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Re: If pq ≠ 0, is x an integer? [#permalink]
29 Aug 2004, 21:26

1

This post received KUDOS

1) x=3p-2q

2) p=q

(1) not sufficient. P and Q could be fractions, and the operation of x could result in some fraction as well.
(2) not sufficient. Same reason as above.

(1) and (2) put together doesn't tell us anything more than we already know.

Re: If pq ≠ 0, is x an integer? [#permalink]
30 Aug 2004, 08:17

nope, E. Definately. The best we can get to is combining them together and seeing that x = p = q. But since we don't know what they are, just that their not zero, it's got to be E.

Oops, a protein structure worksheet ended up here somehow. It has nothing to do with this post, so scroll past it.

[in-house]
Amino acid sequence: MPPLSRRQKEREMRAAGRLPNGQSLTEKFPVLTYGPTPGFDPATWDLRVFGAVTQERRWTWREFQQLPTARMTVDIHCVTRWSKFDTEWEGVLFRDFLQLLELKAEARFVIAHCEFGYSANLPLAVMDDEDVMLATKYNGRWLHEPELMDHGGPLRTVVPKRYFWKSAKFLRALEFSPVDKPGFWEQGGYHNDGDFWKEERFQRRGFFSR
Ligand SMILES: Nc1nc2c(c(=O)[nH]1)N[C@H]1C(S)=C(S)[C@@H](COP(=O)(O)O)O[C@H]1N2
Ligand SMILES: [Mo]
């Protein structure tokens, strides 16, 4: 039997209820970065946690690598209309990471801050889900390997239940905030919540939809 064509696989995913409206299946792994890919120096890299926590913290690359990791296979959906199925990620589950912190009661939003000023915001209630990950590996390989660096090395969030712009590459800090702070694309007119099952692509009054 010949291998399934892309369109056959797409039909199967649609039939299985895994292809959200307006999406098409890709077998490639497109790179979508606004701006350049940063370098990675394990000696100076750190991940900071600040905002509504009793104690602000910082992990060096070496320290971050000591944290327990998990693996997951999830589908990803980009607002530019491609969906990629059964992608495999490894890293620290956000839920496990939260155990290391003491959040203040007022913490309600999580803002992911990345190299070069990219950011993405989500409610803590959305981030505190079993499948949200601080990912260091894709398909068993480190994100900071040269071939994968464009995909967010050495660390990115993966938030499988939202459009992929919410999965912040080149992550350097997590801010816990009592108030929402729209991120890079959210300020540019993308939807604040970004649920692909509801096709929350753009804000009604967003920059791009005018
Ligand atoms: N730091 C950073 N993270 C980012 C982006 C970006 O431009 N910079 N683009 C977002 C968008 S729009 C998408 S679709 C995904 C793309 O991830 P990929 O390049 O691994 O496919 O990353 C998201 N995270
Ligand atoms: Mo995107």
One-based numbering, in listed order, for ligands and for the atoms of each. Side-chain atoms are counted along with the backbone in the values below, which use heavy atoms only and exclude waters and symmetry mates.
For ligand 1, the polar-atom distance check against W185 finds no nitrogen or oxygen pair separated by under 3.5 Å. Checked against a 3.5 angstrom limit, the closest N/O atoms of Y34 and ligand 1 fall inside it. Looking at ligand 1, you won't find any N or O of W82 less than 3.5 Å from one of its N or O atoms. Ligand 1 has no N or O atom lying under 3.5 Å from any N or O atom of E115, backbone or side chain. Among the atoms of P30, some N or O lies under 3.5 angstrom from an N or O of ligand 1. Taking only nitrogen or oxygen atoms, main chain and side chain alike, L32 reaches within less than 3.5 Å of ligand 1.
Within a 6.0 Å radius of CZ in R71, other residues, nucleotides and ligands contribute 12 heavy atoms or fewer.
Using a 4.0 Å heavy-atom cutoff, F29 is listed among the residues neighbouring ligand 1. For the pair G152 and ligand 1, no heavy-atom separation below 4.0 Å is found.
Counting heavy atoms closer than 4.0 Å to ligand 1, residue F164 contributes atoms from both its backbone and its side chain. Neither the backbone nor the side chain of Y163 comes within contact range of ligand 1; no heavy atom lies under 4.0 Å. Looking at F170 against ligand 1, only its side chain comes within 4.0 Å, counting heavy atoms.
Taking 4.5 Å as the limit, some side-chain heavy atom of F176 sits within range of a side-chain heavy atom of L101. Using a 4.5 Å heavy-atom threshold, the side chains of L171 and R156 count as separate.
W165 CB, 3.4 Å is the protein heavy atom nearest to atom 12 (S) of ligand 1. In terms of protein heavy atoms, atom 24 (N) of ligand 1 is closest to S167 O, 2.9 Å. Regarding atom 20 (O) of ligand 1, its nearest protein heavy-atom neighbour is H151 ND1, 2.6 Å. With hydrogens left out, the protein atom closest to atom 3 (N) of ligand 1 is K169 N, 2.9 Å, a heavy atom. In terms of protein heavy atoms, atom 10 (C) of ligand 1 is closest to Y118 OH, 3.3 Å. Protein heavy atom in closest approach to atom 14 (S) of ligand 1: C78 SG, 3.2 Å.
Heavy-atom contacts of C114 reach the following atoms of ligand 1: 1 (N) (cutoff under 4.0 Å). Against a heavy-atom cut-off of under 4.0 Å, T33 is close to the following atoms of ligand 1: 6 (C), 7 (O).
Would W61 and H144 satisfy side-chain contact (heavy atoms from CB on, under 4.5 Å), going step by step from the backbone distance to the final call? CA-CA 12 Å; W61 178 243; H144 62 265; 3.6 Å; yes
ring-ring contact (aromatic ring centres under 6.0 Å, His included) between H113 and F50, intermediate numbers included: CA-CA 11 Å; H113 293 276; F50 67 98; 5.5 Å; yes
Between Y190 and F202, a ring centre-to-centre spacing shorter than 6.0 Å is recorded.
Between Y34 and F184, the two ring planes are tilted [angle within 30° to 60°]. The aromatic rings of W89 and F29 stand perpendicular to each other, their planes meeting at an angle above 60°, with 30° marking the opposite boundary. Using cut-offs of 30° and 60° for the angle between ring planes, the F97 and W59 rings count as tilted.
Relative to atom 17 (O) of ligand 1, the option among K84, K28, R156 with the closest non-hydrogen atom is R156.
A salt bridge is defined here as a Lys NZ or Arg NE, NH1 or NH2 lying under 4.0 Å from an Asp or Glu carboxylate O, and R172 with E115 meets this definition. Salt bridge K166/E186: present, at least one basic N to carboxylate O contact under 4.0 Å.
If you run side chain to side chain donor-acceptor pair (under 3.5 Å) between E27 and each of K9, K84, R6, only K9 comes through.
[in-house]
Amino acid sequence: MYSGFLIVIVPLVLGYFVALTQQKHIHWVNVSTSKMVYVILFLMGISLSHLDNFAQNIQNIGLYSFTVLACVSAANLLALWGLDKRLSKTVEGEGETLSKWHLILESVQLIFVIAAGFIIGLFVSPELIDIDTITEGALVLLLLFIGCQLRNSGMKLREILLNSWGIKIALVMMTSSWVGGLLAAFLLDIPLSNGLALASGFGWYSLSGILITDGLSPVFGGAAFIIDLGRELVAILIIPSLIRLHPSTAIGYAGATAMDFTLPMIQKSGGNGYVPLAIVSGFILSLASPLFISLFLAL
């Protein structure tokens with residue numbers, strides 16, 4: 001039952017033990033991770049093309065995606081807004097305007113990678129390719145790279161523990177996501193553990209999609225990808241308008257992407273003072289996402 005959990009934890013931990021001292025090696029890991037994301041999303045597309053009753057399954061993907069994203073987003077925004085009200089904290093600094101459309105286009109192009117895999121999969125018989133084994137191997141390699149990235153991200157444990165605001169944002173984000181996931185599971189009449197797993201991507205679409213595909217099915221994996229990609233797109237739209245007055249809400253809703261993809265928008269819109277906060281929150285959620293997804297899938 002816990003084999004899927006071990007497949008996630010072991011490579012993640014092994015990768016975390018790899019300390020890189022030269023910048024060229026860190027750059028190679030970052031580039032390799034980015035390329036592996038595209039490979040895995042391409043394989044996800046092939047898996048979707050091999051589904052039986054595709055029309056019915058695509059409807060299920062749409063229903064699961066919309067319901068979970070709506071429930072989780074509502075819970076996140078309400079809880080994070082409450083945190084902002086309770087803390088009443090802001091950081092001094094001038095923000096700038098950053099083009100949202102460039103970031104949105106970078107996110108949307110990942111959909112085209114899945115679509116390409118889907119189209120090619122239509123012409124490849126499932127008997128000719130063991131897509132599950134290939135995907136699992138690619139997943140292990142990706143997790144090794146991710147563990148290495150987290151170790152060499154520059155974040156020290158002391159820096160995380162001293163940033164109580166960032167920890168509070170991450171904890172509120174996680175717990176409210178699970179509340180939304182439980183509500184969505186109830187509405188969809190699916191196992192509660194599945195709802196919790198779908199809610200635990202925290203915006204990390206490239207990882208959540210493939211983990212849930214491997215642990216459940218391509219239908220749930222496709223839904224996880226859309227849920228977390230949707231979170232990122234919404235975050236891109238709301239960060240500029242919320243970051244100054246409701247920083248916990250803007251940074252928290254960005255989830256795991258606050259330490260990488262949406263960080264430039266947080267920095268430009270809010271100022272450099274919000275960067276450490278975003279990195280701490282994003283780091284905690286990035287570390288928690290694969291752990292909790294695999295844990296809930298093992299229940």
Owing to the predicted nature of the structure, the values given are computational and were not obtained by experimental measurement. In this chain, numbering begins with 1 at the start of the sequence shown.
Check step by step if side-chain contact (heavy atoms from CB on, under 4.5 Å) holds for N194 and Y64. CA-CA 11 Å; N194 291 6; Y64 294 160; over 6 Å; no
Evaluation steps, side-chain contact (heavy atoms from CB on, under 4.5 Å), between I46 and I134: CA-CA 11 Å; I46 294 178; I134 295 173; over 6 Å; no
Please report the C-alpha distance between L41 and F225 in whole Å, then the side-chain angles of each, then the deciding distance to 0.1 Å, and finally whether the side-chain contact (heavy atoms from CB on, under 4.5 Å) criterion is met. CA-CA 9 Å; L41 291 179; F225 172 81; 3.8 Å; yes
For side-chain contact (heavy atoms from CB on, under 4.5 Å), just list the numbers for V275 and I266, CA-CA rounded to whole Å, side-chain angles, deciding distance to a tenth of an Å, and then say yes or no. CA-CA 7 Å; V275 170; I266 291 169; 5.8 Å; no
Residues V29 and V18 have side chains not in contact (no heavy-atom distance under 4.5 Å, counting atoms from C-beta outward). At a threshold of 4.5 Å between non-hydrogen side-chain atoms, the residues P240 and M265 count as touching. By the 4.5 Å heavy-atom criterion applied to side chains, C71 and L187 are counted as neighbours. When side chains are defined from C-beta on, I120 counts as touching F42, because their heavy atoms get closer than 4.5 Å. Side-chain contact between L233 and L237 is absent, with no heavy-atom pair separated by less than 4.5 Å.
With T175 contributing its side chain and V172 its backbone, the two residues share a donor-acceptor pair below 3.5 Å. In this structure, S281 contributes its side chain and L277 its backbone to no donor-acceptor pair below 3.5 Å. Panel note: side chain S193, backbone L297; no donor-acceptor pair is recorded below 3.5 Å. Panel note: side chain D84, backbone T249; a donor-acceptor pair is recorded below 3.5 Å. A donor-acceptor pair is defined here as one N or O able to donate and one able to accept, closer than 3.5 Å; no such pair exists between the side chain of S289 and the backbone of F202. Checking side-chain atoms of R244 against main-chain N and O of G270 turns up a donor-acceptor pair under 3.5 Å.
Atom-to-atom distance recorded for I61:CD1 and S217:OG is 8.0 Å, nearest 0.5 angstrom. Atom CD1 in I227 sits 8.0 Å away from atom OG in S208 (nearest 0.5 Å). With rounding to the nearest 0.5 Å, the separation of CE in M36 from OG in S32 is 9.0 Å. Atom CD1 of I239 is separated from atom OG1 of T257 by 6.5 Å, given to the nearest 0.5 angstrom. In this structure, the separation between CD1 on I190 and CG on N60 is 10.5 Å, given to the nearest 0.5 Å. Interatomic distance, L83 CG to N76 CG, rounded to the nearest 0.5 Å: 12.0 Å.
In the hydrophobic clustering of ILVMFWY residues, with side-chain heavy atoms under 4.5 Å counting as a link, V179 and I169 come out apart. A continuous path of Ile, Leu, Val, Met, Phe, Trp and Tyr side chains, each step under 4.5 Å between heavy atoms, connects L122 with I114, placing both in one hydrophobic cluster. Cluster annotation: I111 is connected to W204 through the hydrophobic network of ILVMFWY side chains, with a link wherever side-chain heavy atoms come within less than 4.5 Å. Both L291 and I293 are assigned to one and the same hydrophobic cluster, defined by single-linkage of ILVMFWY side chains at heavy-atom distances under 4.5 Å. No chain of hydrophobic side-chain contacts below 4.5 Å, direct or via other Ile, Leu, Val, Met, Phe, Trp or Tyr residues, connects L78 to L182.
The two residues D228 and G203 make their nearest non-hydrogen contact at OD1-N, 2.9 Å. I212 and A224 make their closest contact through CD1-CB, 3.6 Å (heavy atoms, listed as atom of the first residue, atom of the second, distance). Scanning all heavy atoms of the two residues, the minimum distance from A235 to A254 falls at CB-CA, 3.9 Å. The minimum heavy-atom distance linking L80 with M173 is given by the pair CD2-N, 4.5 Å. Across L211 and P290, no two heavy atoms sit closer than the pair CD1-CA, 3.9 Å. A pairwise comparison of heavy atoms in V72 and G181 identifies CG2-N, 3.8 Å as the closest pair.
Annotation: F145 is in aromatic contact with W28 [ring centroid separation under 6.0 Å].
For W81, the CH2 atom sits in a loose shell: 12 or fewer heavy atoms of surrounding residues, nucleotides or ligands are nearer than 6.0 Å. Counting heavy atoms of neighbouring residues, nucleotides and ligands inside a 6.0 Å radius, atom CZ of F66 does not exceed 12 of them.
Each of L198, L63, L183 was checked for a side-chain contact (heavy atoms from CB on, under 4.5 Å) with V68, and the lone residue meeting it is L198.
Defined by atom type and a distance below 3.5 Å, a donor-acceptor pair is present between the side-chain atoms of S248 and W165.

Re: If pq ≠ 0, is x an integer? [#permalink]
23 Feb 2015, 11:41

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Re: If pq ≠ 0, is x an integer? [#permalink]
23 Feb 2015, 12:06

1

This post received KUDOS

Expert's post

ice t wrote:

If pq ≠ 0, is x an integer?

(1) x = 3p – 2q (2) p = q

The answer is straight E, without any algebra or number plugging.

If pq ≠ 0, is x an integer?

(1) x = 3p – 2q. So, we have that x is equal to some number (3p - 2q). We know nothing about p and q (other than neither of them is 0), hence we cannot determine whether it's an integer. Not sufficient.

(2) p = q. Clearly insufficient.

(1)+(2) x = 3p – 2q = 3p - 2p = p. And again we have that x is equal to some number p, which we know nothing about. Not sufficient.

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